In the traditional Kingdom Hearts style, combat is fast-paced, flashy and real-time - a button-mashy mix of regular Keyblade strikes and fancier special attacks, known as 'Commands'. Each of the characters has their own unique combat styles, with big, burly Terra focussing more on physical, brute-force attacks, with Ventus specialising more in speed and agility while blue-haired Aqua deals mostly in magic. Each character also has a ranged 'Shotlock' attack, which locks onto as many enemies as you can move the cursor over within the time limit - thereby having a potential for massive damage, and coming in especially handy when you're surrounded.
As you fight battles, gain experience and level up, new skills and abilities are unlocked, which can be swapped in and out of your current 'Command Deck', a list of moves for use in battle. The more you use a move in battle, the higher it levels up, increasing in power each time - and once they reach a certain level, you can Meld (read: fuse) them together to create new Commands. The Dimension Link feature meanwhile, lets you borrow the powers of your friends for a short time, fully restoring your health in the process. Initially, you can only channel Terra, Ventus and Aqua, but as you set the Disney worlds to rights, it expands to include various Disney and Final Fantasy characters too, such as Cinderella, Donald or Final Fantasy VII/Crisis Core's Zack Fair.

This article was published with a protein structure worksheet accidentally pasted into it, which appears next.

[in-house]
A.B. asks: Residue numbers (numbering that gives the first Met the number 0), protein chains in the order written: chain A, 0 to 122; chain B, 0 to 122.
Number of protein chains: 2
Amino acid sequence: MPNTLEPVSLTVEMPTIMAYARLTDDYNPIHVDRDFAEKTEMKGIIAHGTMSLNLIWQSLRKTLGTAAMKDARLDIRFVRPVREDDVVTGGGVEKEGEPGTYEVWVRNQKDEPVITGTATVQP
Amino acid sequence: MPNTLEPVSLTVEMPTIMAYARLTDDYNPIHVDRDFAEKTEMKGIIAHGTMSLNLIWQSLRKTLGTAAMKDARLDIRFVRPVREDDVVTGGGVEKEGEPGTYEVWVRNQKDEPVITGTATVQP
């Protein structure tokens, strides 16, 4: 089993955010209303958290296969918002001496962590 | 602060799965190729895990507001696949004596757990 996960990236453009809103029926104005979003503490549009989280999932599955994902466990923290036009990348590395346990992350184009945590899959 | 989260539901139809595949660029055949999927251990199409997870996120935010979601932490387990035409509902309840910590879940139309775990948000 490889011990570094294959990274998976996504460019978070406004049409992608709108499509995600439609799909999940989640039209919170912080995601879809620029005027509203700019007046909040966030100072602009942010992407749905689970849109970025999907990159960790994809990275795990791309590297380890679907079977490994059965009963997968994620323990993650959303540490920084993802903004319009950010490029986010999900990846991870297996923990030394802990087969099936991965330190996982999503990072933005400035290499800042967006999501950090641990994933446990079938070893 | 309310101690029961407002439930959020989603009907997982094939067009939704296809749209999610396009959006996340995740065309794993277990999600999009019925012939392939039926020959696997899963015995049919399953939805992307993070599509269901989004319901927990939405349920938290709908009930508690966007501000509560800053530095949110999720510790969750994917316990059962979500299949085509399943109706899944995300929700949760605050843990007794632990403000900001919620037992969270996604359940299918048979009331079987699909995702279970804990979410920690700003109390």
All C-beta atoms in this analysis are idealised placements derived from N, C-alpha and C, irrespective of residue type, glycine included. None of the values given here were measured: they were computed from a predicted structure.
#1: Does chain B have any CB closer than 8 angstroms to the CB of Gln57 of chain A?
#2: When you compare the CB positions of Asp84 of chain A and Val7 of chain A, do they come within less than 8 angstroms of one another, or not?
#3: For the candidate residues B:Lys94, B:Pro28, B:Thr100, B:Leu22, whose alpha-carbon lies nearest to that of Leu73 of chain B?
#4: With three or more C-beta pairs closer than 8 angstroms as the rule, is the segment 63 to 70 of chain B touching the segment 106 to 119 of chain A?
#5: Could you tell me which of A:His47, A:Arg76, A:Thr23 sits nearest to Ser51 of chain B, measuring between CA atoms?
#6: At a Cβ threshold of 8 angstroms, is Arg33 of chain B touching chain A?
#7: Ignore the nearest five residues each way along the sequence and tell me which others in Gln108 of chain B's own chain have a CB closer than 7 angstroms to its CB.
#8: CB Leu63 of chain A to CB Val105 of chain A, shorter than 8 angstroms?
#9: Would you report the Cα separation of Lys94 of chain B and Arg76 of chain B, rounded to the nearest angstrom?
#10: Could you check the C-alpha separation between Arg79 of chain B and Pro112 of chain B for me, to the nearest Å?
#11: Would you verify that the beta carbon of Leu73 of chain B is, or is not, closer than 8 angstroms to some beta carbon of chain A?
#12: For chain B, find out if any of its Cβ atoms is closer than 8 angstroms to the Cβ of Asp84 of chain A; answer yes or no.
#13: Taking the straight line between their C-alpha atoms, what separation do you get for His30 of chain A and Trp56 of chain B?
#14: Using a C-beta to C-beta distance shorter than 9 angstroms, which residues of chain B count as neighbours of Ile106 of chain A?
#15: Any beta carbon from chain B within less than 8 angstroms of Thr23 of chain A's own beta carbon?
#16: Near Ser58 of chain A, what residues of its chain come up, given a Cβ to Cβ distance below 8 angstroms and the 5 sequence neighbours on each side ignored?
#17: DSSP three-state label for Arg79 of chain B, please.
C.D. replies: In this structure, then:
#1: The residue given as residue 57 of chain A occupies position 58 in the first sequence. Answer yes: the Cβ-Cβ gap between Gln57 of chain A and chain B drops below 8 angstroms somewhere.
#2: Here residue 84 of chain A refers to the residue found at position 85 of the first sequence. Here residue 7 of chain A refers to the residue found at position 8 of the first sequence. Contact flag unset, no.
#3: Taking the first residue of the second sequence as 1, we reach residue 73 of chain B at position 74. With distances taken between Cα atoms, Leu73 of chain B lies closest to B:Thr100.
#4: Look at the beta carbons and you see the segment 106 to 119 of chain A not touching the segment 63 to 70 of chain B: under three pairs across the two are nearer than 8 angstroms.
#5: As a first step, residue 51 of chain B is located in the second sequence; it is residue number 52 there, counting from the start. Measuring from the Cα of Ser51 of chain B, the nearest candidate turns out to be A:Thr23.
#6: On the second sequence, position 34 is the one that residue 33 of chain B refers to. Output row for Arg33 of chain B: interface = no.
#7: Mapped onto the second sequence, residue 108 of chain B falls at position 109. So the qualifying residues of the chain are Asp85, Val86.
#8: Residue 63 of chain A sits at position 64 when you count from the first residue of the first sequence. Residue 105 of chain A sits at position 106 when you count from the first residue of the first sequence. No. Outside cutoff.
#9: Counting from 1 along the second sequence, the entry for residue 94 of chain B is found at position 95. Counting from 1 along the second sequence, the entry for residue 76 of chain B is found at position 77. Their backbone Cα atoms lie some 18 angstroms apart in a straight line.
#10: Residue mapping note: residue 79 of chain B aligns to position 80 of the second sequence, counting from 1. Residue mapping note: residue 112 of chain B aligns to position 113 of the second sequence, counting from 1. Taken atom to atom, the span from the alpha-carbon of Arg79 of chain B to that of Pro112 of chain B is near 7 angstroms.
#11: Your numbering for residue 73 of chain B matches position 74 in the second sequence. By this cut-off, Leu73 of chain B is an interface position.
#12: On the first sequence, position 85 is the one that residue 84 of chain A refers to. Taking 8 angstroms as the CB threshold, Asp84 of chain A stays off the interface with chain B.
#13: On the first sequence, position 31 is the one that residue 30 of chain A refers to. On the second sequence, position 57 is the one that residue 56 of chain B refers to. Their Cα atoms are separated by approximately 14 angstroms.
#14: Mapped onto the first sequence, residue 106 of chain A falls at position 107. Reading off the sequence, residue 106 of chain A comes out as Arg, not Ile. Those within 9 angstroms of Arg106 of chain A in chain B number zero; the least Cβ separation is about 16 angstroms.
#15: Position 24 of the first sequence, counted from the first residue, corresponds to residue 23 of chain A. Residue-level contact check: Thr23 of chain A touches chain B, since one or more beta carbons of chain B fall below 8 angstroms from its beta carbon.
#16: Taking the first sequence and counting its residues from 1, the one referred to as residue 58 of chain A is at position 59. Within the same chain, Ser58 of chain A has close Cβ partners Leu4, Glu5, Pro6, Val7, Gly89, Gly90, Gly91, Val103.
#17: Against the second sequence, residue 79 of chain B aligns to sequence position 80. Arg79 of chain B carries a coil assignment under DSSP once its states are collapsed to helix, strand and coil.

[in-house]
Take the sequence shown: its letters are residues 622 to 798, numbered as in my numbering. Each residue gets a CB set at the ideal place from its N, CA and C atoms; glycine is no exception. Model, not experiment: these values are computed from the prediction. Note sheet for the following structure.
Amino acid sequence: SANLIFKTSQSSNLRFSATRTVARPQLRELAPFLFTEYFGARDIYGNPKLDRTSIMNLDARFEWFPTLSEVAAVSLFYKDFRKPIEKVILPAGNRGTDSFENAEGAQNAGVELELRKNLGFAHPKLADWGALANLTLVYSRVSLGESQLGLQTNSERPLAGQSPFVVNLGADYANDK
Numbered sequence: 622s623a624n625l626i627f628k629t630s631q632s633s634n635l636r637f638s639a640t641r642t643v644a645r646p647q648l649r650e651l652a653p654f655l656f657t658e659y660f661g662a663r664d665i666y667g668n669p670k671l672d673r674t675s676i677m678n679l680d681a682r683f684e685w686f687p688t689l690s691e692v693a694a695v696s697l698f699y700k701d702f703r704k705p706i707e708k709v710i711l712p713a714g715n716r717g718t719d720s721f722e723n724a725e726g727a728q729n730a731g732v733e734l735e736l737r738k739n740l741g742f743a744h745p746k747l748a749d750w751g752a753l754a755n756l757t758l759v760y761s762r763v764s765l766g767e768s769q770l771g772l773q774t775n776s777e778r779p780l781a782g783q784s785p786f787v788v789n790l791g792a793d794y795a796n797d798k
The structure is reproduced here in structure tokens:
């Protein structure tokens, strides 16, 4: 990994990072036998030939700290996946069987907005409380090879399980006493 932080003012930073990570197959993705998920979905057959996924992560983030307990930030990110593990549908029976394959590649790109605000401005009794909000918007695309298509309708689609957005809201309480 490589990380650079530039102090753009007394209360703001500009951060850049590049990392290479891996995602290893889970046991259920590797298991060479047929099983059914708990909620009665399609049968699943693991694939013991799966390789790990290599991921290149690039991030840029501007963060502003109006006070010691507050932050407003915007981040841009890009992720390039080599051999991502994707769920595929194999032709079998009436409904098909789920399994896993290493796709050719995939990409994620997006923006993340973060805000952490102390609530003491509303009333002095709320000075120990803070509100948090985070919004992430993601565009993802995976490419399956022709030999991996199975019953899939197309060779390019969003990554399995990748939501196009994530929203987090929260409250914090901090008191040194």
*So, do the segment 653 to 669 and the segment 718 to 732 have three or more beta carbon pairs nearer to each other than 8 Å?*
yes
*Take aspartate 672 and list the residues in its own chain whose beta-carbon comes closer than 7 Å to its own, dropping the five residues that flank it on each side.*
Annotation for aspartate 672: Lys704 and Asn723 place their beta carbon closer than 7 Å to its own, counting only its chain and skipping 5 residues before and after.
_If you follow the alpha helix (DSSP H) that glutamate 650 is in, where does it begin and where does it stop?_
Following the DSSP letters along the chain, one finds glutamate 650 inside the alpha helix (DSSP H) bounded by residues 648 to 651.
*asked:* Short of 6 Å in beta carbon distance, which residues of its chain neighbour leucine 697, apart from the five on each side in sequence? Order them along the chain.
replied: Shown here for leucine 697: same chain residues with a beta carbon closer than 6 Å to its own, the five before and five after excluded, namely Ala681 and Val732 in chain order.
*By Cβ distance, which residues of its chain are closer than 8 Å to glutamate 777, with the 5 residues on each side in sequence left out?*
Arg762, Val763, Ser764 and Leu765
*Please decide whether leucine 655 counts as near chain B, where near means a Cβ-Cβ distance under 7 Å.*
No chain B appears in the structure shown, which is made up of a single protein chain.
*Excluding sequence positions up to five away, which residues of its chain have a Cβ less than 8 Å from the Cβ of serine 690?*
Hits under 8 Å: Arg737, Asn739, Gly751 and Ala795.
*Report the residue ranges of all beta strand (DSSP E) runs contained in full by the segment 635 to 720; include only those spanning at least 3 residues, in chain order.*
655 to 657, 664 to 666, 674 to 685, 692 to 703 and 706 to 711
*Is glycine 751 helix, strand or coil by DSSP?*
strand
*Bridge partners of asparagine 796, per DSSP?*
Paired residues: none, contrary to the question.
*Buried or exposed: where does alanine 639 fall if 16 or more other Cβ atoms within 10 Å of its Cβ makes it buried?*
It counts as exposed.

But battling isn't the only way to level up your Commands - by playing the 'Command Board' game, you can boost them outside of combat too. Basically a Kingdom Hearts take on Monopoly, you roll a dice to move spaces around each of the themed boards, buying squares by placing one of your battle Commands on it, and anyone who lands on it will have to pay a certain amount of CP (Command Points) to you, helping to level up the corresponding Command in the process. It's an interesting, if a little long-winded, method of upgrading your moves, perfect for when you're a little sick of battling.